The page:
CINCINNATI — When Keith Piercy checked out a bike from Red Bike's Port Bellevue station Monday morning, he had no idea he'd be making history.
Red Bike announced Monday that Piercy's ride, from Bellevue to The Banks, marked Cincinnati's 100,000th ride on public bike share.
Smashing success: Congrats to @CincyRedBike for logging its 100,000th ride this morning! More than 17,000 people have used RedBike overall
— John Cranley (@JohnCranley) October 12, 2015
According to Red Bike Executive Director Jason Barron, the details surrounding the 100,000th ride were nothing short of poetic.
Piercy checked out the bike around 10:15 Monday morning from the Port Bellevue Station and rode about 30 minutes until he arrived at the Freedom Center station at The Banks.
Piercy's destination is particularly significant, as the Freedom Center station also served as the location of Red Bike’s ribbon cutting ceremony just over a year ago.
As if that wasn't enough to tug at Red Bike's heartstrings, Piercy said he was on his way to purchase a helmet, having just become a Red Bike member last Friday.
“This is awesome,” he told Red Bike officials, who caught up with him at the Freedom Center. “It has been working out great for me. It is really helping out our 1-car family.”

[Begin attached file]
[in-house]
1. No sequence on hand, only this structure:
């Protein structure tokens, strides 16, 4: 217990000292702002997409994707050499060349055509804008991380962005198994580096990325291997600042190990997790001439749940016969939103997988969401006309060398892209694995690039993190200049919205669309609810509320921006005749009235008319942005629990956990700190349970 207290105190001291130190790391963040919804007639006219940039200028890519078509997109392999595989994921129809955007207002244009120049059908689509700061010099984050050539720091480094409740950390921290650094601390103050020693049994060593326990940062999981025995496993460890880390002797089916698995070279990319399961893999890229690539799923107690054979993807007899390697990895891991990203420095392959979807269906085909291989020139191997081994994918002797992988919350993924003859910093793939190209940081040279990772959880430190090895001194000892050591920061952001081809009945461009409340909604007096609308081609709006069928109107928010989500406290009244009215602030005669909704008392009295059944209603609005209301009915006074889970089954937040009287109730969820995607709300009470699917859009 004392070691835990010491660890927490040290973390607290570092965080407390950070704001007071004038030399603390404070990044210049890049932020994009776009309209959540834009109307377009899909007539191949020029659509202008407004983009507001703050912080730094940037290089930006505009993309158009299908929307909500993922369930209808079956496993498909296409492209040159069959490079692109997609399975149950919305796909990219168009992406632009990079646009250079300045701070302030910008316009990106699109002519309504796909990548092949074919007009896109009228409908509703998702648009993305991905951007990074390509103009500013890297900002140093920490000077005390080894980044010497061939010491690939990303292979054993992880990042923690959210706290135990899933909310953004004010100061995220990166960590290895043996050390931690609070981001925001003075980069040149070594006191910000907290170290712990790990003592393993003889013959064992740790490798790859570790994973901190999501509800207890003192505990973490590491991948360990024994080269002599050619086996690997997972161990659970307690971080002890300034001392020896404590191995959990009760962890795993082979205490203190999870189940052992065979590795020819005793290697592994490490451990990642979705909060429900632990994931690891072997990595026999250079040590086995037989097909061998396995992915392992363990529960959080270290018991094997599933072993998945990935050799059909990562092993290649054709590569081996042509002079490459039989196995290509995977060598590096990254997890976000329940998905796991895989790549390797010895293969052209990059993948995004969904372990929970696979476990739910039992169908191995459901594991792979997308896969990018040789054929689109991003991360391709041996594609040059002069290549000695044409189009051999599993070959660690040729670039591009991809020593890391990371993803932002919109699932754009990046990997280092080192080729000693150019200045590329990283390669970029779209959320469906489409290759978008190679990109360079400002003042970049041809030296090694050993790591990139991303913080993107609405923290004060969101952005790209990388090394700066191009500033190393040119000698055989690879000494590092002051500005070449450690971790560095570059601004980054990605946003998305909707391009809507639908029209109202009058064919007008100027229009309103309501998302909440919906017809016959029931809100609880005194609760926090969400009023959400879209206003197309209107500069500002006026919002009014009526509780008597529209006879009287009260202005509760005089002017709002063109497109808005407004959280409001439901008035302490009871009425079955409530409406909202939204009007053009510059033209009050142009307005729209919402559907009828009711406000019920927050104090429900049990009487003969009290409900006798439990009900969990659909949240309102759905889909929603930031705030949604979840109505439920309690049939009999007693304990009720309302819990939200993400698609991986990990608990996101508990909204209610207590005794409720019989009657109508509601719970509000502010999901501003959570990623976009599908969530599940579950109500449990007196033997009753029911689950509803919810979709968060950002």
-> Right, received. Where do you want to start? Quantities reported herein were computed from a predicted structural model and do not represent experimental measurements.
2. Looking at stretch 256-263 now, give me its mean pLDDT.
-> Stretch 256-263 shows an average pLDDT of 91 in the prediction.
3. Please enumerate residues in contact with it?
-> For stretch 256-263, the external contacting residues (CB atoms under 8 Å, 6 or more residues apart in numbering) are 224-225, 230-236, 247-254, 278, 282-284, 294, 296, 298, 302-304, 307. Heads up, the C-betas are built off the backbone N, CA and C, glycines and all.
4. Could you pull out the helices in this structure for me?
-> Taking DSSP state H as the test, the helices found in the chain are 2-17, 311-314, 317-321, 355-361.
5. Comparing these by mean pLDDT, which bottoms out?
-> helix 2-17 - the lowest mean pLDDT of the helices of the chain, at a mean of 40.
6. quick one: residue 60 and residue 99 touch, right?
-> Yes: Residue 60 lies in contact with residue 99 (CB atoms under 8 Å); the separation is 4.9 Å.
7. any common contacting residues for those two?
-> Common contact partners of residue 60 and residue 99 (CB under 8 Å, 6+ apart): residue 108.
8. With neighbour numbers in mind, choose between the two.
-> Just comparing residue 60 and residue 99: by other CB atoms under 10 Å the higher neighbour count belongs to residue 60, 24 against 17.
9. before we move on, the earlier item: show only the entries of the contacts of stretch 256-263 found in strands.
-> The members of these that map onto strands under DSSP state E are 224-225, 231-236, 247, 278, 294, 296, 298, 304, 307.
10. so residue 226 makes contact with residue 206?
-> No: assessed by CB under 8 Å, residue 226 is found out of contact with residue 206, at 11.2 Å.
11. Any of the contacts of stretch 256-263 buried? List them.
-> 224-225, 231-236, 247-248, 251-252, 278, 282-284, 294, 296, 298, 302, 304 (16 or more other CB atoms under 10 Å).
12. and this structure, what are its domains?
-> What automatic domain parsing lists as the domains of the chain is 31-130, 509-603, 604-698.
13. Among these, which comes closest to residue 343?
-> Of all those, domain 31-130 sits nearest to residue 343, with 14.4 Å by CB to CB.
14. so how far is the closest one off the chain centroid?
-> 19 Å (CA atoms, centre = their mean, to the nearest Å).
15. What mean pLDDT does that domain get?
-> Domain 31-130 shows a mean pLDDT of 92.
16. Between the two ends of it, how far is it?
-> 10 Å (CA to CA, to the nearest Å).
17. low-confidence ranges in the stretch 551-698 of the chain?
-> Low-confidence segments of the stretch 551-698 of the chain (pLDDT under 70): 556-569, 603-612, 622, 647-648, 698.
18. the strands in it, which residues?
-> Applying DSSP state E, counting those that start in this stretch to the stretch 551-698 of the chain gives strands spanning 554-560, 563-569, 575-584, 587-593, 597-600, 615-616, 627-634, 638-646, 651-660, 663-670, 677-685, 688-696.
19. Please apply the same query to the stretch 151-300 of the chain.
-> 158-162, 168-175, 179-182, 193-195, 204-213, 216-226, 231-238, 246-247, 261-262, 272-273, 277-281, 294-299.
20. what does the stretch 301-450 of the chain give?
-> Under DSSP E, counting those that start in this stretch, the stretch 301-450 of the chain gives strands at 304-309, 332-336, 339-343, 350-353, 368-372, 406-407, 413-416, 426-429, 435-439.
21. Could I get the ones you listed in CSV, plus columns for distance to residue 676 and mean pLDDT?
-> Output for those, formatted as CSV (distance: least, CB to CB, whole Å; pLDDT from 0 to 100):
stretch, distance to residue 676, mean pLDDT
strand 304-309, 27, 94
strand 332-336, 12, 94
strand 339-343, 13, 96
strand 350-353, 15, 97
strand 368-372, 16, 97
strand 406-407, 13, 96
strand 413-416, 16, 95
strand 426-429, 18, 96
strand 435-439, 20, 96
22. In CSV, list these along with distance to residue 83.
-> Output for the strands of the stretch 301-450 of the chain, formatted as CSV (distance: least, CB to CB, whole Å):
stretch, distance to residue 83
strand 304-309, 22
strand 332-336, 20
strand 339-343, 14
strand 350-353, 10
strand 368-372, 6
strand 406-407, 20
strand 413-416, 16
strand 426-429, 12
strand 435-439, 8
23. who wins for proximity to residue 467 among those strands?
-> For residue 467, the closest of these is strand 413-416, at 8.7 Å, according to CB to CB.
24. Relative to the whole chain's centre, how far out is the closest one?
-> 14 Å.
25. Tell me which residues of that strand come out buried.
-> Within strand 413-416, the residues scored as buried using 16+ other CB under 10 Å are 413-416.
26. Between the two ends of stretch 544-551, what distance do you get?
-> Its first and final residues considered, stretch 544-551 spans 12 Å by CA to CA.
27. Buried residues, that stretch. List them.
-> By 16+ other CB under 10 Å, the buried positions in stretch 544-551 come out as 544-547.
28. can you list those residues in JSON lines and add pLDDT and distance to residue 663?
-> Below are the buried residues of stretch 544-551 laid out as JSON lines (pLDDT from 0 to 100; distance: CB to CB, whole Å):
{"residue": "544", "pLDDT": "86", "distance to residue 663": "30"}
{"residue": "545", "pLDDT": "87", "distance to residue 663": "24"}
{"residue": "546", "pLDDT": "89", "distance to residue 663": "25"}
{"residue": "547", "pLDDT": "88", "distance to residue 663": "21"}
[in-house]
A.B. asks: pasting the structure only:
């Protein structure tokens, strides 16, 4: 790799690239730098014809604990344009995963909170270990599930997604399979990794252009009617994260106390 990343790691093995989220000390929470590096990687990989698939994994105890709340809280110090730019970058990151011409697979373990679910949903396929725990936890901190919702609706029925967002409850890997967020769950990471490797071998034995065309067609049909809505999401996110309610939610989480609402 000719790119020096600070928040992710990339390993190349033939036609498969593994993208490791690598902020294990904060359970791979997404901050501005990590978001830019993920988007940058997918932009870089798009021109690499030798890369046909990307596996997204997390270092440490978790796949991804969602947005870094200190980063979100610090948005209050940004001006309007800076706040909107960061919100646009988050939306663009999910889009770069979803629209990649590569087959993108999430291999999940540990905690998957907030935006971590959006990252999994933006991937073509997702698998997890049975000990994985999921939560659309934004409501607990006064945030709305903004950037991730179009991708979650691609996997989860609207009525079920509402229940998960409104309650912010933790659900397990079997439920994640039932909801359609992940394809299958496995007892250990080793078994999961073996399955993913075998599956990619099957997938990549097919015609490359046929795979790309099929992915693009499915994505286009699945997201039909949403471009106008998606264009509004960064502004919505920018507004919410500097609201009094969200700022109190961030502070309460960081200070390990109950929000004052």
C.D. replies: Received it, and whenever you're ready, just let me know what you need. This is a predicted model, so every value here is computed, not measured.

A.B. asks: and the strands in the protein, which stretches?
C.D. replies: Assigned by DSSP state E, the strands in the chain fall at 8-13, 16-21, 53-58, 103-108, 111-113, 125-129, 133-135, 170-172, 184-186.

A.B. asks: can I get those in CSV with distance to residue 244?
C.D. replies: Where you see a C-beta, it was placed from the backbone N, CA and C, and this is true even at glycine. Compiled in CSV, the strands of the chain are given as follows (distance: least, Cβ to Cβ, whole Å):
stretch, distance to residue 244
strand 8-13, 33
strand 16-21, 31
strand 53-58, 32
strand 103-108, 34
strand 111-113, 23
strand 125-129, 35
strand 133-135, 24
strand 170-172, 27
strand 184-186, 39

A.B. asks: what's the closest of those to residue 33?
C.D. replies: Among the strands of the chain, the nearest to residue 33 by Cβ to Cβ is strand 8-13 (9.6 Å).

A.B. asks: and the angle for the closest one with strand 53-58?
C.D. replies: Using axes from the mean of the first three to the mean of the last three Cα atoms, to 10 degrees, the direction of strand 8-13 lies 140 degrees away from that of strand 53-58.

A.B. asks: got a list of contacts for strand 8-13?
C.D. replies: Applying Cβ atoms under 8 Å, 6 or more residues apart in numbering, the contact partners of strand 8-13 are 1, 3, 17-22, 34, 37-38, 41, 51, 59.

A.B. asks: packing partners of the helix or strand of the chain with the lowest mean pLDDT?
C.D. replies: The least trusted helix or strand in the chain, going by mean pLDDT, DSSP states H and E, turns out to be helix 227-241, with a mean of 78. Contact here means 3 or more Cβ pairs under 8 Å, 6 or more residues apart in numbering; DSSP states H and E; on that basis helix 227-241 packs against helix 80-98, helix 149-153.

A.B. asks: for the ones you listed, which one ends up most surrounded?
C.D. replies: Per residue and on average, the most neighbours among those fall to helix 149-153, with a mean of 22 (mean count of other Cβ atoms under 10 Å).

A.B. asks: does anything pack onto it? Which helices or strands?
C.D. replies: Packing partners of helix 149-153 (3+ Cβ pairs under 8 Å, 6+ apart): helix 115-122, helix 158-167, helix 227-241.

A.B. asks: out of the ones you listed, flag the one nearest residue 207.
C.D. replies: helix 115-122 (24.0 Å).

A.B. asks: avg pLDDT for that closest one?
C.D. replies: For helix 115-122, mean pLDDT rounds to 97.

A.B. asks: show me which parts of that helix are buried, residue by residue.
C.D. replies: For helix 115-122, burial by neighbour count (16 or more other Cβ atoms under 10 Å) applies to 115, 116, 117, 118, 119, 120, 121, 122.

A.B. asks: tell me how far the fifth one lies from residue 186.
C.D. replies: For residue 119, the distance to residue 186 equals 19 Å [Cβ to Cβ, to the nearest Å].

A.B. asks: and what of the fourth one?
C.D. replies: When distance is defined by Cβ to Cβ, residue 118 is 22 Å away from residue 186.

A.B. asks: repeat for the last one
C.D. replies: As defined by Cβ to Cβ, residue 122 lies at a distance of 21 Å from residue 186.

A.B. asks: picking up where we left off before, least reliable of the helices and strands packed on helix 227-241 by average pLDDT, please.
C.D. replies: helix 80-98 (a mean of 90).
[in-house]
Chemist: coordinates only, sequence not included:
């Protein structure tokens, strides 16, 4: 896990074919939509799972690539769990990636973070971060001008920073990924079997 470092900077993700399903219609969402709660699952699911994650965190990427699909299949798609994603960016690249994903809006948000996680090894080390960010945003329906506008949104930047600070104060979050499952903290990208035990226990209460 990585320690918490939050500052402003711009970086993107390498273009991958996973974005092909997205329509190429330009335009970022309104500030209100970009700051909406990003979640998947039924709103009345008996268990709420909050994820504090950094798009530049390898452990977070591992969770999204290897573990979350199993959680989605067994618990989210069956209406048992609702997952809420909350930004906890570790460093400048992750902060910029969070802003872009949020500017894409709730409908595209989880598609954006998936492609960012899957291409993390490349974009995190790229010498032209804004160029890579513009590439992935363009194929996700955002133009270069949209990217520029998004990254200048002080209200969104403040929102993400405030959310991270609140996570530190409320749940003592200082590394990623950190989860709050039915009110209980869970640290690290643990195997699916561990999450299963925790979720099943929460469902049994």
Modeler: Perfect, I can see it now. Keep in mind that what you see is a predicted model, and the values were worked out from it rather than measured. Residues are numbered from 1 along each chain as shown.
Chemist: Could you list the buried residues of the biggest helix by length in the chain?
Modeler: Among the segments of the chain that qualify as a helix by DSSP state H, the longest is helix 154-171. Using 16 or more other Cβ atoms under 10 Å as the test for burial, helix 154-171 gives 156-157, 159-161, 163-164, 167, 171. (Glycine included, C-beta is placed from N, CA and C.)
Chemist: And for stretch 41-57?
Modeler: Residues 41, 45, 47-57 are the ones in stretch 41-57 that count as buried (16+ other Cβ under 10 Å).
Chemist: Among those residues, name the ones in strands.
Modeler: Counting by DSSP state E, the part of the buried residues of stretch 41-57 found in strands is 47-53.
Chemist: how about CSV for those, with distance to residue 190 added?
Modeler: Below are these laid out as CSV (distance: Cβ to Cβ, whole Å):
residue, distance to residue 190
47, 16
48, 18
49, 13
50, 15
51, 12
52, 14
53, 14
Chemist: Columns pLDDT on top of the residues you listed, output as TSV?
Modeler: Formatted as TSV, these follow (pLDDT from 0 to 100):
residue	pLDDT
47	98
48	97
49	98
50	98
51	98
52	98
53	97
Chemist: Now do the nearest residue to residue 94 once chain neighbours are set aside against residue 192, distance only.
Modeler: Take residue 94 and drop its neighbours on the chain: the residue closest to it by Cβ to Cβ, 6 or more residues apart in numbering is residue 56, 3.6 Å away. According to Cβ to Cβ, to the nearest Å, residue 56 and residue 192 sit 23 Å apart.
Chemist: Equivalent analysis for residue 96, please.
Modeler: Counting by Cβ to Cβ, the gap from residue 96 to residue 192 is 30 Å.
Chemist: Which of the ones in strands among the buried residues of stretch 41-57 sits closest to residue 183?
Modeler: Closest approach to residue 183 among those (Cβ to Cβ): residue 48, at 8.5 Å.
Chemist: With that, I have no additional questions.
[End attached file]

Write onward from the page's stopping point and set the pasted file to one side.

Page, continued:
The milestone comes just weeks after Red Bike celebrated its first year of operation, one full of a number of other notable achievements.
Back in April, Red Bike announced UC Health as its first corporate sponsor. In September, Red Bike expanded its partnerships to include the social services hub CityLink Center.
The bike share program’s 13 months have also seen an expansion from 30 stations at last September's launch to 50 as of this past June, including 11 stations across the Ohio River in Northern Kentucky — a move that prompted Red Bike board member Frank Henson to proclaim Red Bike the Tri-State’s “only truly regional public transit system.”
In the weeks following the Northern Kentucky expansion, a breakdown of ridership numbers indicated the stations south of the river might have outpaced their Cincinnati counterparts.